to stop the engineer, but none of them
attracted his attention in time. Con
ductor Lang managed to jump in time
to save his life.
The fast trains tonight were passed
around the wreck by way of Mounds
ville and the Ohio River Railroad.
BROKE THROUGH ICE.
Sixty Skaters on Urge Pond Near Brooklyn
Two Boys Were Drowned.
Nw York, Jan. 30. Sixty skaters,
including many women and children,
broke through the ice on a large pond
back of Evergreen cemetery, today,
and in the wild struggle for li'e two
boys were drowned. The ice over the
center of the pond, where the water
was deepest and where the skaters were
assembled in greatest numbers, sud
The whole crowd was panic stricken.
Men and women fought to save them
selves, and children suffered in the
unequl struggle. The screams of the
skaters were heard by men employed
in a factory near by, and they ran to
the pond. They dragged long planks
with them which were pushed toward
the center of .the pond. Along this
footing a life line was formed. Effort
was first made to rescue the women
and children.: By twos and threes
they were taken from the water and
hustled along the planks to the shore.
The police reserves and surgeons ar
rived in ambulances and succored
many of the , half-drowned skaters.
The boiies of the two boys were recov
ered. She Turned on the Gas.
New York, Jan. 80. In a flat in
West Thirty-sixth street, there died as
the result of inhaling illuminating gas
a woman whose son says she came of
one of the most distinguished families
of Tennessee. She was Mrs. Anna
Terry, the widow of Dr. C. C. Terry, a
graduate of f the Harvard medical
school, and until his death, eight years
ago, one of - the most distinguished
surgeons in New Enlgand. Dr. Terry's
death was accidental, his brain having
been pierced by the foil of a fencing
master with whom he was engaged in
practice. Mrs. Terry was found dead
in lied. The house was redolent oi the
odor of gas, and the stopcock in Mrs.
Terry s loom had been found turned on
full. A policeman, who was sum
moned, reported the case as one of ap
The Danish Antilles Deal.
Copenhagen, Jan. 80. It appears
that only a single member out of the
15 comprising the finance committee
of the Folkething opposes the sale of
the Danish West Indies to the United
States. The objector is starting a
nwespaper campaign in favor of their
retention, but the finance committee of
the Landsthing will shortly report in
favor of the sale of the islands. The
agitation of the inhabitants ot the
islands against their sale is larselv
artificial, and, therefore, of not much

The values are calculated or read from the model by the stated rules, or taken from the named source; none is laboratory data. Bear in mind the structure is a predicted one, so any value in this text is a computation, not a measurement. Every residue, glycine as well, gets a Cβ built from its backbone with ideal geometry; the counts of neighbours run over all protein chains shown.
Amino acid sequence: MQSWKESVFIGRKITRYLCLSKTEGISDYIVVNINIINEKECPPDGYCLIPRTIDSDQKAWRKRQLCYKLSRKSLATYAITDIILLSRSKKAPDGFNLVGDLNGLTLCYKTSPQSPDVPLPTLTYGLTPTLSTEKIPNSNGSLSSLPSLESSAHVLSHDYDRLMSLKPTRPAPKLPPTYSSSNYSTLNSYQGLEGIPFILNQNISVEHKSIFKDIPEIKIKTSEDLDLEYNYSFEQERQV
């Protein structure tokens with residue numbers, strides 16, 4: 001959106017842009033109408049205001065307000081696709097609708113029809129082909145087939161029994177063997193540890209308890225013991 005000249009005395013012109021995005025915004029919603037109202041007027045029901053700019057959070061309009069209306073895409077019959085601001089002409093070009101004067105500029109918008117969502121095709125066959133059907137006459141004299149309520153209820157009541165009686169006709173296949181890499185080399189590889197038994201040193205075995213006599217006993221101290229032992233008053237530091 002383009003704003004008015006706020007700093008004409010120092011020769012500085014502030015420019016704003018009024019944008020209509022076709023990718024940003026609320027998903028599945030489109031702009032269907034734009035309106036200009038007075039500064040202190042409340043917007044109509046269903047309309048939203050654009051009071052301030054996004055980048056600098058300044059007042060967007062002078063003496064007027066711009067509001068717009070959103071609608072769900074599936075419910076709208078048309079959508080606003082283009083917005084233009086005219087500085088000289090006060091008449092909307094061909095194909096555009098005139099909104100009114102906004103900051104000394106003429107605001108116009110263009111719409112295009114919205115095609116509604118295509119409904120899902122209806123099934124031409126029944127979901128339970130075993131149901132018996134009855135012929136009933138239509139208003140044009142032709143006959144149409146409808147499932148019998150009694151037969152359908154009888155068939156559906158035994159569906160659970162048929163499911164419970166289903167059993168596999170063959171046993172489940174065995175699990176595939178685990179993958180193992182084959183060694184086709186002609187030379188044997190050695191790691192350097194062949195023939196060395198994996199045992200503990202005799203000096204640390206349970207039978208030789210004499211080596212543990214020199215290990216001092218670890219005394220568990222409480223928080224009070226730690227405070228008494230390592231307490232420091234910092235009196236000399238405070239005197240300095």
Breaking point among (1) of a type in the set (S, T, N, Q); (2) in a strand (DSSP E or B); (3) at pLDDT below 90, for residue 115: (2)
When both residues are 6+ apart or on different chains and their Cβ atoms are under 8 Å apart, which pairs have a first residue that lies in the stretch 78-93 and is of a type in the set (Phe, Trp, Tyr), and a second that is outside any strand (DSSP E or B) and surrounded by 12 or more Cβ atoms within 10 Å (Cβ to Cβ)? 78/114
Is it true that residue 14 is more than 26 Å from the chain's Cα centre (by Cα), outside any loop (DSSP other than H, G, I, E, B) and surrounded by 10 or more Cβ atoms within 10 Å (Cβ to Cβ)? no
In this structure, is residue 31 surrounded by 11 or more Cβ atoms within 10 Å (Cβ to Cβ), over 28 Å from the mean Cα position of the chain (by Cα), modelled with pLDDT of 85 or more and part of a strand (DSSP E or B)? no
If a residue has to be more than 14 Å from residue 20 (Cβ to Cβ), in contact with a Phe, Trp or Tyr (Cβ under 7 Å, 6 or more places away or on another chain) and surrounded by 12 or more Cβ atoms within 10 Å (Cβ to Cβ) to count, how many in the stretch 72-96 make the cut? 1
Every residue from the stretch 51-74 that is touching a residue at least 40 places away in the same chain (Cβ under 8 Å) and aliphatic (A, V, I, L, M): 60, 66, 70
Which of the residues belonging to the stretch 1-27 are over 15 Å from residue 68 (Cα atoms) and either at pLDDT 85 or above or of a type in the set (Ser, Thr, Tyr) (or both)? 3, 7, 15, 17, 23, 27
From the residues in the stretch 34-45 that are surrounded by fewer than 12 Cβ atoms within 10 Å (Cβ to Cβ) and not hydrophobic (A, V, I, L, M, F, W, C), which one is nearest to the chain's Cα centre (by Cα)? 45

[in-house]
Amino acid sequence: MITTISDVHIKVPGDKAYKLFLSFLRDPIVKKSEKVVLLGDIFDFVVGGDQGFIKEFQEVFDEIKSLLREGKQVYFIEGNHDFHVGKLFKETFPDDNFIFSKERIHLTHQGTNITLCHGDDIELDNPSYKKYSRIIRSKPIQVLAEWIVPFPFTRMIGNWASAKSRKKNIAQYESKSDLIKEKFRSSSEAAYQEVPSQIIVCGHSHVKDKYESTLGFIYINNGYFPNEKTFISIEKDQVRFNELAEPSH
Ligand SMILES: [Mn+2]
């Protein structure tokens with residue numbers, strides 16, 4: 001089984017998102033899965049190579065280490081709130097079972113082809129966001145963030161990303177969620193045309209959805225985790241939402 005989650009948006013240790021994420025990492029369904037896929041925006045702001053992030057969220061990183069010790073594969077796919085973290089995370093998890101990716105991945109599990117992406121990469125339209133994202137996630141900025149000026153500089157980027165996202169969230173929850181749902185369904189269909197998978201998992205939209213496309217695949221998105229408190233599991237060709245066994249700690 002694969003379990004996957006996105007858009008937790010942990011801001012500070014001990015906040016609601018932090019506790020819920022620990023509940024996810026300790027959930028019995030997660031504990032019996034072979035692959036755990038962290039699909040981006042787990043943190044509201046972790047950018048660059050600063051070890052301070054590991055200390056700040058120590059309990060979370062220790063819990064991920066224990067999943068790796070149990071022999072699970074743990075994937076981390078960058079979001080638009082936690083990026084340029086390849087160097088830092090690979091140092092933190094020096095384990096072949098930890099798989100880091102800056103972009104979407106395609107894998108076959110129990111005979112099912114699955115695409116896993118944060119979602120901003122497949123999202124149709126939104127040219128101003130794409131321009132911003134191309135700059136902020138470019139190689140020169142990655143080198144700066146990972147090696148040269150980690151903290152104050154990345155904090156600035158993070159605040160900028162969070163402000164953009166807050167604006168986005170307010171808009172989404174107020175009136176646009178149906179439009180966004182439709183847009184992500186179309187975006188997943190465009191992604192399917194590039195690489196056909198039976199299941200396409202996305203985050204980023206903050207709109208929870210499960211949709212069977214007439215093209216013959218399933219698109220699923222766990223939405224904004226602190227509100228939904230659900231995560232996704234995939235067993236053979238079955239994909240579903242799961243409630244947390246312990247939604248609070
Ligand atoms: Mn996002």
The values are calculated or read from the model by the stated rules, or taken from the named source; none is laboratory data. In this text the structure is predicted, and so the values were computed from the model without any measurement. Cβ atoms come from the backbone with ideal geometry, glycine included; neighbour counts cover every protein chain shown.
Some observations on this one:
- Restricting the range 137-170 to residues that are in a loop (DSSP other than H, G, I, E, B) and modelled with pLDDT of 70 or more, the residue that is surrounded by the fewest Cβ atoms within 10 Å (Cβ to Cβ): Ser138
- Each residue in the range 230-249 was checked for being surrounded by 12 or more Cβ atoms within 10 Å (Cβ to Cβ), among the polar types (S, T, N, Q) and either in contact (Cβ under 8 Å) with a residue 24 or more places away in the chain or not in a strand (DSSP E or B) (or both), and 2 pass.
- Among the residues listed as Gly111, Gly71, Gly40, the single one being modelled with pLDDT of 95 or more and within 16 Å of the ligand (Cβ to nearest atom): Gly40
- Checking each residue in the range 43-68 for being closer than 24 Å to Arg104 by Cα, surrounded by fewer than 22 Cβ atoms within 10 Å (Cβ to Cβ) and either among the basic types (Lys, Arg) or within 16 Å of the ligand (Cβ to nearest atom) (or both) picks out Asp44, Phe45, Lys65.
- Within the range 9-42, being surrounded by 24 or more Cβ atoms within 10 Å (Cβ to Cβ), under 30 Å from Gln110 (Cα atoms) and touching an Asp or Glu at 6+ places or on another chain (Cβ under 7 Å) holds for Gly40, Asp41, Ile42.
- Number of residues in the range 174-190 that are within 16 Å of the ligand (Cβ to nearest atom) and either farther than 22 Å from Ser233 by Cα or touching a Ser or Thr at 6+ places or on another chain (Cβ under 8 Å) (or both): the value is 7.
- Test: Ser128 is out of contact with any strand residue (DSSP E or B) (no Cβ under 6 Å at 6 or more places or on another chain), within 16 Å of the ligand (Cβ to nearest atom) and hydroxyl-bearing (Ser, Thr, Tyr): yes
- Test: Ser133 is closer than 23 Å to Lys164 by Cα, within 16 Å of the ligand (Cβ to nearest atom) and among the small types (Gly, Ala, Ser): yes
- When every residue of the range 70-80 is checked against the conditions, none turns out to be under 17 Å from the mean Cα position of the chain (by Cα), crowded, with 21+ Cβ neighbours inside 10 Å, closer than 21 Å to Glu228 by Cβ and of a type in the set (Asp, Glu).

New Steamer Left for Honolulu.
New York Jan. 80. The A mftri nan
freight steamer Hawaiian, of
American-Hawaiian Steamship Com
pany, sailed on her maiden trip from
this port this afternoon for San Fran
oisco and Honolulu. The Hawaiian
is in command, of Cantata Ranrnld.
and is the sceond of the line's new ves.
sels to leave this port. Monthly sail
ings will follow with the new steam
ers. Oreeonian. Californian. A marl.
can, Alaskan and Arisonian. ' .
MUST SERVE IN THE ARMY.
Finns Will Be Enforced to Conform With Rus
St.. Peters burp. Jan. SO Th mfn.
istry of war has completed a draft of a
saw to regulate the military service
in Finland in conformity with the
system adopted in the empire at large.
It is expected that it will be put in
force early in the year.
Governor-General Bohriknff haa lata.
ly issued instructions to the governors
oi tne provinces in Finland urging a
stricter enforcement of the ordinance
of last Jnly regarding public assem
blies. The complaint is made that
this ordinance is evaded under pretext
of amusements and antnrtainmnnta.
Among the amusements which require
permits may be reckoned gatherings in
which social, scientific and eoonomio
questions are discussed or where ad
dresses are made. Assemblies which
are permitted must be watched over by
the police, whose duty it will be to
In order to meet the boycott of un
popular officials by houseowners and
hotelkeenaru finvprnnr dannrai Rnhri.
koff has purchased, for $250, a dwell
ing bouse in Helsingfors.
Fox the purpos of cultivating closeer
relations with Bulgaria, the govern
ment has entered into an agreement
with Prince Ferdinand's government
reducing telesn-anh tolls from 40 to 23
centimes a word, and introducing an
international money order system slm
ilar to that in vogue in Russia.
ARRESTED FOR OLD MURDER
California Man Must Return to Texas for Trial
Confesses His Crime.
Sacramento, Cal., Jan. 30. Frank
Hyatt was arrested here tonight for
the murder of Steve Pressley, commit
ted in Jbiirath county, Texas, July 7,
1889. Hyatt has made a full confes
sion, claiming self-defense. He had
been residing in this city for the last
nine years, and was - employed in the
railroad shops under the name of
Charles Eaves. He has a wife and
stepson. In his signed confession, he
claims that it was his intention to re
turn to Texas next year and stand trial
for the killing. He says the quarrel
between himself and Pressley, who was
the stepfather of his former wife, oc
curred over some building material.
Pressley , picked up a large stone to
throw at him. He struck at Press
ley's aim with a club, to make him
drop the stone, and the latter, in dodg
ing, was struck on the head and died.
Hyatt claims that he feared he won Id
not get a fair trial, as all the witnesses
were relatives of Pressley, so he fled.
THE G. A. R. ENCAMPMENT.
Cleveland, 0., Preparing to Receive 450,000